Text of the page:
Flashcards in Volume of distribution Deck (17):
What is the definition of volume of distribution?
The apparent volume of distribution describes the relationship between the the concentration of the drug and the amount of drug in the body.
Note: it is an 'apparent' volume of distribution so it shouldnt be assumed to an actual physical volume, but it should be close to the physical volume.
How do you calculate loading dose?
If you know the target concentration you want to achieve in the body and you know the apparent volume of distribution then the loading dose can be calculated.
LD = target conc (mg/L) x volume (L)
LD = ____ mg
Using the bathtub model explain how apparent volume of distribution can be measured?
In a full bathtub with the tap off and plug in - if you know the concentration of drug you put in and then measure the concentration of the drug in the bathtub then you can determine apparent volume of distribution.
What are the three main factors that mean apparent volume of distribution does not necessarily correspond to any physical compartment such as vascular volume of exracellular fluid volume?
1. Binding to tissue
2. Binding to plasma proteins
3. Partitioning into fat or absorption onto bone
Name a drug that illustrates tissue binding and what this means in terms of the apparent volume measured?
Digoxin is a drug that binds extensively to tissue - it binds to Na/K/ATPase enzyme. Na/K/ATPase is espeshially found in the muscle, brain and kidney.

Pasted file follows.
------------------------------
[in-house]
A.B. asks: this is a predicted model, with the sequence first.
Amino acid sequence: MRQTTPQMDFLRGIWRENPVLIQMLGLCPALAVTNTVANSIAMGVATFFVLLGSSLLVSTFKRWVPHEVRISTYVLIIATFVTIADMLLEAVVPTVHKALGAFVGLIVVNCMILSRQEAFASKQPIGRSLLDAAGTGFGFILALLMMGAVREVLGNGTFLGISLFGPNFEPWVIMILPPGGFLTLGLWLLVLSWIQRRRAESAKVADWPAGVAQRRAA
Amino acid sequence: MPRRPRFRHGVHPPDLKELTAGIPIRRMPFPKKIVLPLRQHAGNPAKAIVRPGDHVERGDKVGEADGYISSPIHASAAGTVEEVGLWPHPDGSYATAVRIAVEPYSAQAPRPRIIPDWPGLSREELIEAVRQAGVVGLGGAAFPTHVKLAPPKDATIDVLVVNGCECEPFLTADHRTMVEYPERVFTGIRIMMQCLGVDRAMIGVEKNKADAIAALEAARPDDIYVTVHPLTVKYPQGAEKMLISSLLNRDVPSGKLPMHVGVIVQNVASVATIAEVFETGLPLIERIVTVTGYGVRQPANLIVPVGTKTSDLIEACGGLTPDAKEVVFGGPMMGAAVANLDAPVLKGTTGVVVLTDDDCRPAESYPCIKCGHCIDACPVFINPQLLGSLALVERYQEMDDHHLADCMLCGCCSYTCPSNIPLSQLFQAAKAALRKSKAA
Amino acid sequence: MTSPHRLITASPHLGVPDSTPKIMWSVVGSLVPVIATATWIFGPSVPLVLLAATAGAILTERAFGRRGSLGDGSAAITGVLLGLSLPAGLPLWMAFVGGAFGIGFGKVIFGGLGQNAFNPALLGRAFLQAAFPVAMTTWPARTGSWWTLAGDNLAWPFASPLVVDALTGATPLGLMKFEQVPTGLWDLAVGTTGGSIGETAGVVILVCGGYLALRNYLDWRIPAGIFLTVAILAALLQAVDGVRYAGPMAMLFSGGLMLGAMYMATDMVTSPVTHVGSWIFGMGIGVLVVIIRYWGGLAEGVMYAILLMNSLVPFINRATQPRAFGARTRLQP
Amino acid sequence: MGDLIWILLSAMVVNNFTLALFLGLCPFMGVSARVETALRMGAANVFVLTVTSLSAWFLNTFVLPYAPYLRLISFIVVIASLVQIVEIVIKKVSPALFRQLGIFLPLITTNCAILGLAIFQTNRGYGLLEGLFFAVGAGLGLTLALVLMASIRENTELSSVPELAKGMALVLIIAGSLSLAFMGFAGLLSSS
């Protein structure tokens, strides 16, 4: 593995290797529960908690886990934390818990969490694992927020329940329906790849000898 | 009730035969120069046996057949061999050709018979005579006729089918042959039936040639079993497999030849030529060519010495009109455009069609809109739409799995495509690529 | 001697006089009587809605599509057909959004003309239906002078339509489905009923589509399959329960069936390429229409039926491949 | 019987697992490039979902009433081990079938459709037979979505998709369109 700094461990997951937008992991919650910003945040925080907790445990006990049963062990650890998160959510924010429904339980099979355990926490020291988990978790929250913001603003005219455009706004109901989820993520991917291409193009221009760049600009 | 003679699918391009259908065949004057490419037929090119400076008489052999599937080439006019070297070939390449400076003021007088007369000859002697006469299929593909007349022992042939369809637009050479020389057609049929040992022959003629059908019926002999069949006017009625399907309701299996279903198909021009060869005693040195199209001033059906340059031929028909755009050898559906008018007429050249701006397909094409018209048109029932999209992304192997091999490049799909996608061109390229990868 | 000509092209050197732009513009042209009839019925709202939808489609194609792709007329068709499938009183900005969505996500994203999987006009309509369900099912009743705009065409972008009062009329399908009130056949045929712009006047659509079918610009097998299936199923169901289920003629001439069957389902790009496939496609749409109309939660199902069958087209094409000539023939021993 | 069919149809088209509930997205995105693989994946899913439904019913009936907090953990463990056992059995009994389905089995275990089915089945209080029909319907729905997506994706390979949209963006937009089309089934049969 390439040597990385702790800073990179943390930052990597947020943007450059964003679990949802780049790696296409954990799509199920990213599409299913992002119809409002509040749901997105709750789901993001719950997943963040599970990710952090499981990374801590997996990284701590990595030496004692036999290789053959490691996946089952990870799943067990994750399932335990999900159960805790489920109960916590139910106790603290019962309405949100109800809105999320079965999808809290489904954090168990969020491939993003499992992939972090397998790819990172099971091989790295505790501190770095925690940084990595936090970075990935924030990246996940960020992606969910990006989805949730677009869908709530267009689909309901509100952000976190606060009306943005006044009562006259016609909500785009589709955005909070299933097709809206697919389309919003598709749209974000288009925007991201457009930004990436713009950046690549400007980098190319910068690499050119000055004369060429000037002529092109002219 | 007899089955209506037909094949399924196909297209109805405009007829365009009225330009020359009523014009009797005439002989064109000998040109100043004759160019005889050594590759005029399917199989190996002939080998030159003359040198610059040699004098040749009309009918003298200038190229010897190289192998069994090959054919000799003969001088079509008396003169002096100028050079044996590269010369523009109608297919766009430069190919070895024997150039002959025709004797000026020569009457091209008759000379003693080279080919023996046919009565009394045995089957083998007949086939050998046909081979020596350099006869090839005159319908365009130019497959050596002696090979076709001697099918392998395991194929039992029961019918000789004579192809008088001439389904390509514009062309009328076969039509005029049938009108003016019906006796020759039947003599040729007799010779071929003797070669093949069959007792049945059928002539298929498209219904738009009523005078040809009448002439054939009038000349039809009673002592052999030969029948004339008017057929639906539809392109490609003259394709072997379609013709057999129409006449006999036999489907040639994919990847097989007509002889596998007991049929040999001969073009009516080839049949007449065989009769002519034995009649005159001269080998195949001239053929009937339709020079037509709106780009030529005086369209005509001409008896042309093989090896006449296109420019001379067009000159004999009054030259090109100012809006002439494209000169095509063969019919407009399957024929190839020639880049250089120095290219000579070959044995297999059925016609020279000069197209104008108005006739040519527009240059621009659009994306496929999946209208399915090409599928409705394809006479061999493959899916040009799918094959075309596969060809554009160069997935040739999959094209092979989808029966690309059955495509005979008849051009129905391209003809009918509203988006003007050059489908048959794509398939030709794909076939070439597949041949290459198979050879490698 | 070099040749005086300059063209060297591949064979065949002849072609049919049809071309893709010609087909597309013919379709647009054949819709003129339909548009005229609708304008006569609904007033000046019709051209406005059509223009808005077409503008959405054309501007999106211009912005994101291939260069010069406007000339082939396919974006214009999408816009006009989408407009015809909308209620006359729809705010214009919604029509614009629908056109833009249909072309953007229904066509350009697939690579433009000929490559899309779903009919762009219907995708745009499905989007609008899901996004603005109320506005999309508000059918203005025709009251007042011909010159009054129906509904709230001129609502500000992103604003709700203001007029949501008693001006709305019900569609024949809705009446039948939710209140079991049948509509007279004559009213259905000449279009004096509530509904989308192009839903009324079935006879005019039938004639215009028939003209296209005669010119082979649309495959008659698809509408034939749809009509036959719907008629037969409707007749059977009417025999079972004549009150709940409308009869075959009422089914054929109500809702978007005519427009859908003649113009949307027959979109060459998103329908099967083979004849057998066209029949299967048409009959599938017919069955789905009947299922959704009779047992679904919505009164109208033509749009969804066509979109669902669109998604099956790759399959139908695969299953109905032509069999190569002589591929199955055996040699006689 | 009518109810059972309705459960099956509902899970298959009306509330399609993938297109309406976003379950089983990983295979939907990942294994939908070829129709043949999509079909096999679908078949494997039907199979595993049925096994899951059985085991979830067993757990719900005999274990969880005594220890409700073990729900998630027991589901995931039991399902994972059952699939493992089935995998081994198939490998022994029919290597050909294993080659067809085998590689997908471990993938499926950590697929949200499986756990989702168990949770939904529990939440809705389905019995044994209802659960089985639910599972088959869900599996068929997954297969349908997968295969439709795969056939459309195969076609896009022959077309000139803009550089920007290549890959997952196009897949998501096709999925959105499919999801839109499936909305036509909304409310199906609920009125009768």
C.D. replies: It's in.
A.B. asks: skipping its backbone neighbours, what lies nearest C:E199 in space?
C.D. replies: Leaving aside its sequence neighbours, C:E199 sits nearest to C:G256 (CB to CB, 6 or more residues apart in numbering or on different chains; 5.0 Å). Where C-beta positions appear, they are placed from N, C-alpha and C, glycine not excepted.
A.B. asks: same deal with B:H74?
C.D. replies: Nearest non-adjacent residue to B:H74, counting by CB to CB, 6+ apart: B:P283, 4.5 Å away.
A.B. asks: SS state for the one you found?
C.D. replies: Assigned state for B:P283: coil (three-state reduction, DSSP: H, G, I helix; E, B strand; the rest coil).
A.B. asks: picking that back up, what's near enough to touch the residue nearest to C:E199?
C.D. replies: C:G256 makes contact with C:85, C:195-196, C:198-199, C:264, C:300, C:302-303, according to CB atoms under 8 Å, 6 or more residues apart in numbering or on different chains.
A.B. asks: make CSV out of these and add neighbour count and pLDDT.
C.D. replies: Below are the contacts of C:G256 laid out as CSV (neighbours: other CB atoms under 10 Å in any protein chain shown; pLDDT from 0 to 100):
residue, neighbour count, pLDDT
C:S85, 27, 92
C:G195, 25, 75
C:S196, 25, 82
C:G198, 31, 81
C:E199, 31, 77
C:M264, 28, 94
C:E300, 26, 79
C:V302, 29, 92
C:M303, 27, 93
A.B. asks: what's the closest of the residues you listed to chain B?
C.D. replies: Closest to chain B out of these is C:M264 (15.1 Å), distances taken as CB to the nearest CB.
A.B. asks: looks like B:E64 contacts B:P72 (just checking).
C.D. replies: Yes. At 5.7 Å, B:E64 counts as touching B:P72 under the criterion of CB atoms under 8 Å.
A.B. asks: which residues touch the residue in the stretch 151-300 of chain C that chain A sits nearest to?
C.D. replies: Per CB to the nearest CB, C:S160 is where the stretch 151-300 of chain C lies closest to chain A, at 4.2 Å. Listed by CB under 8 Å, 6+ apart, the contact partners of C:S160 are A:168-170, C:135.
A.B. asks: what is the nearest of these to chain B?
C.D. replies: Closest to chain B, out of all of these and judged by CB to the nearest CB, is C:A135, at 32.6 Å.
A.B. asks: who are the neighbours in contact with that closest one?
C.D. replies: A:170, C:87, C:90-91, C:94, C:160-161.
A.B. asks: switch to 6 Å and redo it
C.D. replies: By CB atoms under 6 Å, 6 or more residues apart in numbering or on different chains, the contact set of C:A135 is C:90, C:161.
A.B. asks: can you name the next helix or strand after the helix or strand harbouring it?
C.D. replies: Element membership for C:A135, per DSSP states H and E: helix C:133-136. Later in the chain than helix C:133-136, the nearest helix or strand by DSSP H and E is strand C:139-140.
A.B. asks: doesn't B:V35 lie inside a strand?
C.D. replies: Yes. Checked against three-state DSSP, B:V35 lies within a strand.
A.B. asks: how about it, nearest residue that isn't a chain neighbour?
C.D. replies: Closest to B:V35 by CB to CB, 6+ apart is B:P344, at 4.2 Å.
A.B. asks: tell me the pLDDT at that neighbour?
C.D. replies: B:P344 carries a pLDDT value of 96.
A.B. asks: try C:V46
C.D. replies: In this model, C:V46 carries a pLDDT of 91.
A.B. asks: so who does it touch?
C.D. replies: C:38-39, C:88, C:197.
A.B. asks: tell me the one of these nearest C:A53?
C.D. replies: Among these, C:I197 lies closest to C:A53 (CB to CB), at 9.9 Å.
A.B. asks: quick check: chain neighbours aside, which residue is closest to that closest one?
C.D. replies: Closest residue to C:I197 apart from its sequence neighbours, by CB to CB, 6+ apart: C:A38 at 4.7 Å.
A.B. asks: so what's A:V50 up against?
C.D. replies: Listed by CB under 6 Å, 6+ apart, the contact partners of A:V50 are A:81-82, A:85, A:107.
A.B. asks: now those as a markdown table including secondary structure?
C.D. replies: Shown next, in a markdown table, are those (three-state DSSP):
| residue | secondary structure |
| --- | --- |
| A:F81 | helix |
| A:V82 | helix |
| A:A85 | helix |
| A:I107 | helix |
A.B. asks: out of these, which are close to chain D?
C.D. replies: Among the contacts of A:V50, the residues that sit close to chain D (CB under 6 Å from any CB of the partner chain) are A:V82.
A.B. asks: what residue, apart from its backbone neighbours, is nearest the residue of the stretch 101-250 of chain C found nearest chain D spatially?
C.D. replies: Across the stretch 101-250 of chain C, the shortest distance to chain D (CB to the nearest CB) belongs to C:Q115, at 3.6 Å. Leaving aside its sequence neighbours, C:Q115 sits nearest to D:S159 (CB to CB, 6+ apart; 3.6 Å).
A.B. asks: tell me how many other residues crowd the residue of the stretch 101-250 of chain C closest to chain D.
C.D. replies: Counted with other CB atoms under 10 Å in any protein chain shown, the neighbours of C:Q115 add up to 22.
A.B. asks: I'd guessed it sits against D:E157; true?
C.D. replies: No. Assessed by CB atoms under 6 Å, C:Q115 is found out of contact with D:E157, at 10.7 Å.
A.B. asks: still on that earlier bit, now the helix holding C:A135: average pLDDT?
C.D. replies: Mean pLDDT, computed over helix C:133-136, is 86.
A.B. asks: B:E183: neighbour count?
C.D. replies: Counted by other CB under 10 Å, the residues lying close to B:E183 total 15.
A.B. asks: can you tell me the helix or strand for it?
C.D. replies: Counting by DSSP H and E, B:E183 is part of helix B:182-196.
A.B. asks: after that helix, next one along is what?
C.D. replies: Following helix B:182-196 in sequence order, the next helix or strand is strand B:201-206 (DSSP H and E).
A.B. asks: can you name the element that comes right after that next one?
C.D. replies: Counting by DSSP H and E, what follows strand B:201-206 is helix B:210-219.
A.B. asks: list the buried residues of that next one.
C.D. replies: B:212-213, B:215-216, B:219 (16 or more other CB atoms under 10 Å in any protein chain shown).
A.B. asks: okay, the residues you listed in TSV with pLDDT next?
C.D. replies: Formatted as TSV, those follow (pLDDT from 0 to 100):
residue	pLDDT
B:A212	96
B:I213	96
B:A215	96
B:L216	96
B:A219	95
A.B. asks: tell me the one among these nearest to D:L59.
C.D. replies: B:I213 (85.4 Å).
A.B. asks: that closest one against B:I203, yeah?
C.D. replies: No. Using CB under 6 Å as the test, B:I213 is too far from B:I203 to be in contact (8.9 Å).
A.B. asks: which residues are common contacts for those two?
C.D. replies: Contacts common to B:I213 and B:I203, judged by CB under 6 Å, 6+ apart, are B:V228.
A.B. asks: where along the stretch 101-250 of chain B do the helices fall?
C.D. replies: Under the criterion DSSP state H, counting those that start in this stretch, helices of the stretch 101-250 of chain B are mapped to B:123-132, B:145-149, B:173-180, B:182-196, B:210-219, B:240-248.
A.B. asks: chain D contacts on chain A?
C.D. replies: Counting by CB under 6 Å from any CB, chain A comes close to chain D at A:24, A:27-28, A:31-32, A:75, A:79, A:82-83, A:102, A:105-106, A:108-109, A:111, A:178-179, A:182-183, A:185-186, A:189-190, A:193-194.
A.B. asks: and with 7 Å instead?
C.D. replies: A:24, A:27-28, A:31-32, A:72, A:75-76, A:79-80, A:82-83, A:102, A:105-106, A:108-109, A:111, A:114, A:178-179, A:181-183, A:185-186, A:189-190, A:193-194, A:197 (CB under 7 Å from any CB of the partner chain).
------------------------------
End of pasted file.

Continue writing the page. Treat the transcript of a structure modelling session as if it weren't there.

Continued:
This means that when the conc of the drug is measured in the blood it will be lower than what it would be if it was uniformly distributed in the blood. (think of it like the enzyme acting as a sponge in the bathtub).
This means the apparent volume of distribution will be large (as for the conc to be so low it must have spread over a large volume - but in this case it "tricks" the measurement by just being bound to the tissue enzyme).
Therefore tissue binding results in an apparent volume of distribution larger than the physical volume.
Name some drugs that have larger apparent volumes of distribution due to partitioning?
Some drugs are lipophillic (like fat) and so will partition more into fat. eg thiopentone. This means that in obese people they often have a very large volume of distribution for a lipophillic drug. A drug that is hydrophillic will have no effect on the apparent volume of distribution.
Some drugs can be absorbed into bone. Biphosponates are a type of drug that absorb into bone and this is particularly helpful for people with bone diseases like osteopoerosis. Tetracylcine is another bone absorbing drug and this can make childrens teeth stain. Both of these drugs will result in a larger apparent volume of distribution.